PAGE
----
A substantial change in the re-imagined series and that had many fans of the 1970's version fuming is the main thing that makes the show work so well:  two of the all-male-club heroes were written as women this time around, and not just minor characters for the sake of political correctness, either.  As a female sci-fi lover, my response is "about 'fracking' time."  Re-imagined Battlestar Galactica showcases the strength and vulnerability of characters both male and female alike, how men and women work together on strong teams in a truly co-ed culture, that leaves behind all together so many of the typical troupes about women who do masculine things--making them norms, not exceptions, and in the process making  designations like masculine and feminine far less important than simple humanity.    The produces of the show got that interesting drama can take place by virtue of people being people.  There is inter-gender drama and also romance, but it is nuanced and based on the personalities of the characters involved, not on Woman-ness in conflict with Man-ness.  (Yeah, there is that wearying super-sexy Cylon woman hallucinated into being by a disgustingly weak quasi-antagonist main character, but even if that was dreamed up for the visual gratification of male fans, she has a story-central explanation and is herself quite nuanced.) Everyone, even the minor ship-repair-women, ends up being "three-dimensional," and that is so amazingly refreshing. 

Also refreshing is that the show isn't afraid to have an intricate plot.  Plotting like how a novel is plotted, which story arcs that grow and change and involve keeping up with what happened in what order.  That made the show hard to watch while it was airing, because if you missed one show, you were perpetually lost, but makes it as addictive when watching now as reading a good book.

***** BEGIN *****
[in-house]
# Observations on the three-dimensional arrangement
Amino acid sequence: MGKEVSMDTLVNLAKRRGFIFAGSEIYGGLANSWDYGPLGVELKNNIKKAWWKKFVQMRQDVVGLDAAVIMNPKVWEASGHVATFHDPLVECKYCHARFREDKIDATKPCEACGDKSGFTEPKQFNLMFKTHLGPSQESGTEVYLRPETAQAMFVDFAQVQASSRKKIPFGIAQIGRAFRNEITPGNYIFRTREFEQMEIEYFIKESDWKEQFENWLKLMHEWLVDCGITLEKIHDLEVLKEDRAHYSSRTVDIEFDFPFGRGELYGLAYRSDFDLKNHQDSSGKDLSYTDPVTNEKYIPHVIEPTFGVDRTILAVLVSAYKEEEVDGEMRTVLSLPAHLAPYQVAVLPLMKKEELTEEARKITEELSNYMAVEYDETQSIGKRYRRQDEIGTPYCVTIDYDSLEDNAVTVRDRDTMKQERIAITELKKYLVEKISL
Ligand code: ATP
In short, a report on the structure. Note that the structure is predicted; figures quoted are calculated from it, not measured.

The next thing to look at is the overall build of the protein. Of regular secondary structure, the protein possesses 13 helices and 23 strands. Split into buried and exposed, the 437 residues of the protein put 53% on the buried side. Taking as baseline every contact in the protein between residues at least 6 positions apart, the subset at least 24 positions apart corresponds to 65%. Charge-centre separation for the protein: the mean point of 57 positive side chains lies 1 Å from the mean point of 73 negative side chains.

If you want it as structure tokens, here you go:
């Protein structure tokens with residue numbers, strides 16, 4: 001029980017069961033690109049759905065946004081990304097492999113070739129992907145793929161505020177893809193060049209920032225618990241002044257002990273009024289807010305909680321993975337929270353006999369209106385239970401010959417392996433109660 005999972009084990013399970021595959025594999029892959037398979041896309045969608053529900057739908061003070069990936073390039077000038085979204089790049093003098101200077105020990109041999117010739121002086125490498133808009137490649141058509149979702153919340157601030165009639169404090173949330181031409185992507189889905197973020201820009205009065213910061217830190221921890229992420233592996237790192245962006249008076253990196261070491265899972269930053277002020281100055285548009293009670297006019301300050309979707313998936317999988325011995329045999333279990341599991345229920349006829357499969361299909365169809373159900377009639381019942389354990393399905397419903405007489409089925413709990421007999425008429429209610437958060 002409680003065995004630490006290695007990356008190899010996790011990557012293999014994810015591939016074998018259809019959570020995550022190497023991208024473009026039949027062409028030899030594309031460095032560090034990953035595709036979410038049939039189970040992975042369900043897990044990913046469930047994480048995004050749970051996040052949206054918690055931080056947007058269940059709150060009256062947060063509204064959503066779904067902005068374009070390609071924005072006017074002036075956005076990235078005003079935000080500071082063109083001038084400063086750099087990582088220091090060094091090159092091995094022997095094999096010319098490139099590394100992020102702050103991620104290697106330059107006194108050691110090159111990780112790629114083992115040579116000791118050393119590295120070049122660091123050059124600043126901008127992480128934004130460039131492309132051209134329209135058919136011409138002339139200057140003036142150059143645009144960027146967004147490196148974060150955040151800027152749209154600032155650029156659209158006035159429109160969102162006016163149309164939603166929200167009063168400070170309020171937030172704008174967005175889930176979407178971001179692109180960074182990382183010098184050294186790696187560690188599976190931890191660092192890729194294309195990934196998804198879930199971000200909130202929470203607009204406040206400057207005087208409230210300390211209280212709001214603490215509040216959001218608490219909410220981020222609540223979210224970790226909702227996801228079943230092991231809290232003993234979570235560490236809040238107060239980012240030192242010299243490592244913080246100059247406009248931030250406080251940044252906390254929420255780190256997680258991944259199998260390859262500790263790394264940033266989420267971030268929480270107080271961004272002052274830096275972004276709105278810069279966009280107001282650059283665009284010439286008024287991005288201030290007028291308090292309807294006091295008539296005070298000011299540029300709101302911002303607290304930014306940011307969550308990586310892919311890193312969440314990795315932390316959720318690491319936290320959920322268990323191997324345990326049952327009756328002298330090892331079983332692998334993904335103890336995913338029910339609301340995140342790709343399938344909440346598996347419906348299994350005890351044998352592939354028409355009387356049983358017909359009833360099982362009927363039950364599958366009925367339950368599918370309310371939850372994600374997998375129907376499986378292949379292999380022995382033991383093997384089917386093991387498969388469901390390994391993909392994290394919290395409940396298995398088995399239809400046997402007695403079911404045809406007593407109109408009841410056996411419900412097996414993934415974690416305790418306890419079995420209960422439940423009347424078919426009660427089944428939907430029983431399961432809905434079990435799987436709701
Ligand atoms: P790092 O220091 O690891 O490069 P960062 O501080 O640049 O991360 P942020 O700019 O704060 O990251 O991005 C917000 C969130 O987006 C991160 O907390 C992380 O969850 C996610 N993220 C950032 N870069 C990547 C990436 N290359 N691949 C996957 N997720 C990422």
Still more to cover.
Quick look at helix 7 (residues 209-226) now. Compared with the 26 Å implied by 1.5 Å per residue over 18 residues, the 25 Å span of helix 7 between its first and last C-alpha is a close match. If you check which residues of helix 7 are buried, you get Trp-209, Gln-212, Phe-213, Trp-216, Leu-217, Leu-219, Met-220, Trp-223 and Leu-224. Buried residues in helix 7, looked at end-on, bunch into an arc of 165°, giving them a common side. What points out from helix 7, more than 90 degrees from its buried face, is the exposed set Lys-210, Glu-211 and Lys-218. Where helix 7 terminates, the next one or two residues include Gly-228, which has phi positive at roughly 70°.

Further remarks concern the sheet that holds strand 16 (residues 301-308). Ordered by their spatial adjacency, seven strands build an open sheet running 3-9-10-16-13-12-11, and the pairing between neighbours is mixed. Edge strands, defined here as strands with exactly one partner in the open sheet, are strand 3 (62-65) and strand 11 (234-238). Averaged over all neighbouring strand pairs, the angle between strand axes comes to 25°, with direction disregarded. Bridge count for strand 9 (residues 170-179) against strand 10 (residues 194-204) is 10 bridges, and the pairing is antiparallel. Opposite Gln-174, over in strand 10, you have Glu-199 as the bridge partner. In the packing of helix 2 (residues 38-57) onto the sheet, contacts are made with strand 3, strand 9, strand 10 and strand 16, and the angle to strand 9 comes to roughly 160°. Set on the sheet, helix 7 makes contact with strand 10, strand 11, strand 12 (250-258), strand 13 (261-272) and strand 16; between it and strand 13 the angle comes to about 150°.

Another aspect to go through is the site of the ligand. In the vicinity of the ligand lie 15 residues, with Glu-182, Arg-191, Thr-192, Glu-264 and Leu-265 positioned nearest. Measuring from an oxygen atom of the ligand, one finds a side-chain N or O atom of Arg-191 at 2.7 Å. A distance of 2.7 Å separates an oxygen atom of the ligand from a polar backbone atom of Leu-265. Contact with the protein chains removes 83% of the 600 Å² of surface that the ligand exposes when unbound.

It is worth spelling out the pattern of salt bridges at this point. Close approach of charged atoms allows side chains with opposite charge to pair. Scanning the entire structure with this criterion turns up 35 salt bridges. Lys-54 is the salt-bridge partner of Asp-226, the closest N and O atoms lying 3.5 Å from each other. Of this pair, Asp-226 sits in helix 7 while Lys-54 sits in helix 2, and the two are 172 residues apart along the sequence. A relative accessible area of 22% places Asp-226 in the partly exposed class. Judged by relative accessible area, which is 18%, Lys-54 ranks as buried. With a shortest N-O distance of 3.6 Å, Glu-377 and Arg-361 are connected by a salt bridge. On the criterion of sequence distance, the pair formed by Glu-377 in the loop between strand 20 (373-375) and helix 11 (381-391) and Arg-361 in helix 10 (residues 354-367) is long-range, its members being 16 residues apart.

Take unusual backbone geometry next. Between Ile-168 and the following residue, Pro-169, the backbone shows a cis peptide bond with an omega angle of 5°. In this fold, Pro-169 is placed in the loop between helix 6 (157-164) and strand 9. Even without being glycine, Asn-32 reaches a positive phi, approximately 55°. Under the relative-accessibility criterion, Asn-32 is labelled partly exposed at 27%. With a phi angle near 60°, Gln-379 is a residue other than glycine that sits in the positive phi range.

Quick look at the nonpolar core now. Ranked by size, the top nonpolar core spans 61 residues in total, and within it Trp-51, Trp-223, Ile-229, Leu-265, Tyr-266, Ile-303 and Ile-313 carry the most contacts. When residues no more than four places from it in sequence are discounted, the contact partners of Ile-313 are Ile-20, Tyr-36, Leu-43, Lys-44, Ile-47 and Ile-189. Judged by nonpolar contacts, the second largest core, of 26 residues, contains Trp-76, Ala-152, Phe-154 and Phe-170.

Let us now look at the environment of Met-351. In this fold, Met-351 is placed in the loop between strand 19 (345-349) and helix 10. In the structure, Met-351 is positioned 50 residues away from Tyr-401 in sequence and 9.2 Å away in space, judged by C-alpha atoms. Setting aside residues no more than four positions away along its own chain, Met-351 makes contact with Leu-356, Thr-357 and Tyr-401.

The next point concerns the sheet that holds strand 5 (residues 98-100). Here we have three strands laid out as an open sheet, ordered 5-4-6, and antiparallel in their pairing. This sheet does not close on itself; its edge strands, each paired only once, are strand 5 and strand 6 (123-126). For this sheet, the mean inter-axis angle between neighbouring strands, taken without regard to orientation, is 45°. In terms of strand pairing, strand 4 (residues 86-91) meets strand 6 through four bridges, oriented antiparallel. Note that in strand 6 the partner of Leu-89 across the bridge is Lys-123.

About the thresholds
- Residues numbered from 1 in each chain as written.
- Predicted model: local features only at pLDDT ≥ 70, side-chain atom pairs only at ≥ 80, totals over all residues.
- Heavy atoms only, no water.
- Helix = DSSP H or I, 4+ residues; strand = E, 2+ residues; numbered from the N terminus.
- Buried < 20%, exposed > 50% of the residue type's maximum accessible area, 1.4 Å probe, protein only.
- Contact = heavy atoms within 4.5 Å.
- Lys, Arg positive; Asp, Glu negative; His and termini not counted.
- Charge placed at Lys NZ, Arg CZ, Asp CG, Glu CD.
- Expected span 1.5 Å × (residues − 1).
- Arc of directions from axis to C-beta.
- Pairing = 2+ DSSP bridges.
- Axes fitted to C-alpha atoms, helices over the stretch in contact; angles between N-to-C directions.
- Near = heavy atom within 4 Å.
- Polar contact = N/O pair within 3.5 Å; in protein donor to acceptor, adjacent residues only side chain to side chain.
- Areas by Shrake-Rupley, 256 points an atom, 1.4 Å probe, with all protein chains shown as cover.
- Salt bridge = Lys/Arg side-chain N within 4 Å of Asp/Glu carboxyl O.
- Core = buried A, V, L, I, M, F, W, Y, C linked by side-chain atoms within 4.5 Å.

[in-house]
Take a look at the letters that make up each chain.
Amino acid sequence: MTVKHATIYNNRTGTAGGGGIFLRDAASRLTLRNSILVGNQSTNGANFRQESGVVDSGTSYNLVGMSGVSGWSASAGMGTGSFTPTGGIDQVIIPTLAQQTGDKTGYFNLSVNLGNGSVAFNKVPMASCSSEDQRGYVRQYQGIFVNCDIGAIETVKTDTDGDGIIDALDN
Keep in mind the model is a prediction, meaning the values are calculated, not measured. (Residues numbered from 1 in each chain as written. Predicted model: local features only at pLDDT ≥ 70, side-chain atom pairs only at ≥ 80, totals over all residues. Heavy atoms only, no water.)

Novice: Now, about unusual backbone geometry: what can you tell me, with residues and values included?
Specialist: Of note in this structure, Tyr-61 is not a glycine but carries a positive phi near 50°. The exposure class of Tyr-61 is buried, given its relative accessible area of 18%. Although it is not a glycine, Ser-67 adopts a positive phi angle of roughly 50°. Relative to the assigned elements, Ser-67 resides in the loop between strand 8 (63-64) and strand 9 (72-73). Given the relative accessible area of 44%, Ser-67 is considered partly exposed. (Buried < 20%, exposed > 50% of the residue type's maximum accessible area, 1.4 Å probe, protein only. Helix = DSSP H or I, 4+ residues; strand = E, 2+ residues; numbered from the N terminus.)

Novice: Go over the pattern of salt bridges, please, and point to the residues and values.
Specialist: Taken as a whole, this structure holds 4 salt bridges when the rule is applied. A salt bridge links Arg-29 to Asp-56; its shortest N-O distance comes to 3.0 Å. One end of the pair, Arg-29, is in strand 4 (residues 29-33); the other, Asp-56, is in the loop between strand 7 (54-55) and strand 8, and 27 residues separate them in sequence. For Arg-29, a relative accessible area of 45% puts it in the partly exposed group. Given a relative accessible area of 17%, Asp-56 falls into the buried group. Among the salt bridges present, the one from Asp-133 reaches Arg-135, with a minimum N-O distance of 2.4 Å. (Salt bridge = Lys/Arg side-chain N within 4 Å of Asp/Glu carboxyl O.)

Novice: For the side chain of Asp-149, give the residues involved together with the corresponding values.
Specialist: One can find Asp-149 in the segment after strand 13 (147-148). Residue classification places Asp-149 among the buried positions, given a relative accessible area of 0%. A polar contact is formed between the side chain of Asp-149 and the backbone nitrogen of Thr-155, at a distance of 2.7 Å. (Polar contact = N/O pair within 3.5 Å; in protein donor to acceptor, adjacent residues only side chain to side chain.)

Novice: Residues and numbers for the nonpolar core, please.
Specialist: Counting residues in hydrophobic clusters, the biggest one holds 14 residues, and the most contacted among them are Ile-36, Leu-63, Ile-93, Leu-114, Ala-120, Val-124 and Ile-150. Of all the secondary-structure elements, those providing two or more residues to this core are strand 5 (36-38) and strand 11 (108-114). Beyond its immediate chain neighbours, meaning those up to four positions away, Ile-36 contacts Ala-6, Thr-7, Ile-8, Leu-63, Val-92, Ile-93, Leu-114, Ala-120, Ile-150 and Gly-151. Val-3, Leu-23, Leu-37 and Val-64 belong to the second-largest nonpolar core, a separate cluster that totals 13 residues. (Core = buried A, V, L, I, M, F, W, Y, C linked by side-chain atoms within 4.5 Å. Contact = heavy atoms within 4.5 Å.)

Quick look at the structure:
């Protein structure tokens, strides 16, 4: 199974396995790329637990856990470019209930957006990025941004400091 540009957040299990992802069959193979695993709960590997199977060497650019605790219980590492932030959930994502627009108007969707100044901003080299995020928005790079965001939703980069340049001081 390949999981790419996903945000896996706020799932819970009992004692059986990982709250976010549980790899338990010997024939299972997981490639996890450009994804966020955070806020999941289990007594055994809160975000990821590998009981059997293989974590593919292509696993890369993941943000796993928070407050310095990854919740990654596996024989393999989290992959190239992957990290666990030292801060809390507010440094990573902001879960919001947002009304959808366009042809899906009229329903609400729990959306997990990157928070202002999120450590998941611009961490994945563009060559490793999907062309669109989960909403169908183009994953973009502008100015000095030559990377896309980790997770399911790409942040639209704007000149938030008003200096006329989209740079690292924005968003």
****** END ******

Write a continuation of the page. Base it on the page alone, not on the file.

I have my points of criticism:  sometimes individual episodes get a little hokey, as science fiction often does, and the evolving elements of mysticism/prophecy are starting to feel a little bit like cheating narrative ("Who are the Final Five Cylons! Who will be The Chosen One to look upon Their faces!") and it sort of pisses me off that the sniveling, weak, narcissistic hallucinating antagonist I mentioned earlier does seem to be turning out to be the chosen instrument of a some higher power. Also, (minor spoiler alert) it gradually dawns on you that this Earth we are looking so desperately to find is not the original home of humanity that we've been away from so long that we've forgotten about, it is actually supposed to be our own planet some many millennia ago.  That does stay self-consistent throughout the entire plot, and is consistent with some of the central themes ("all this has happened before, and all this will happen again"), but it is a little technically jarring that our supposed ancestors would dress, look, speak, write, and have recognizably identical technology such as telephones and dry erase boards, to modern Americans, the only spoken differences being that some of them have British accents, and they use the swear-word "frack" instead of our own version.

A Place of Better Performance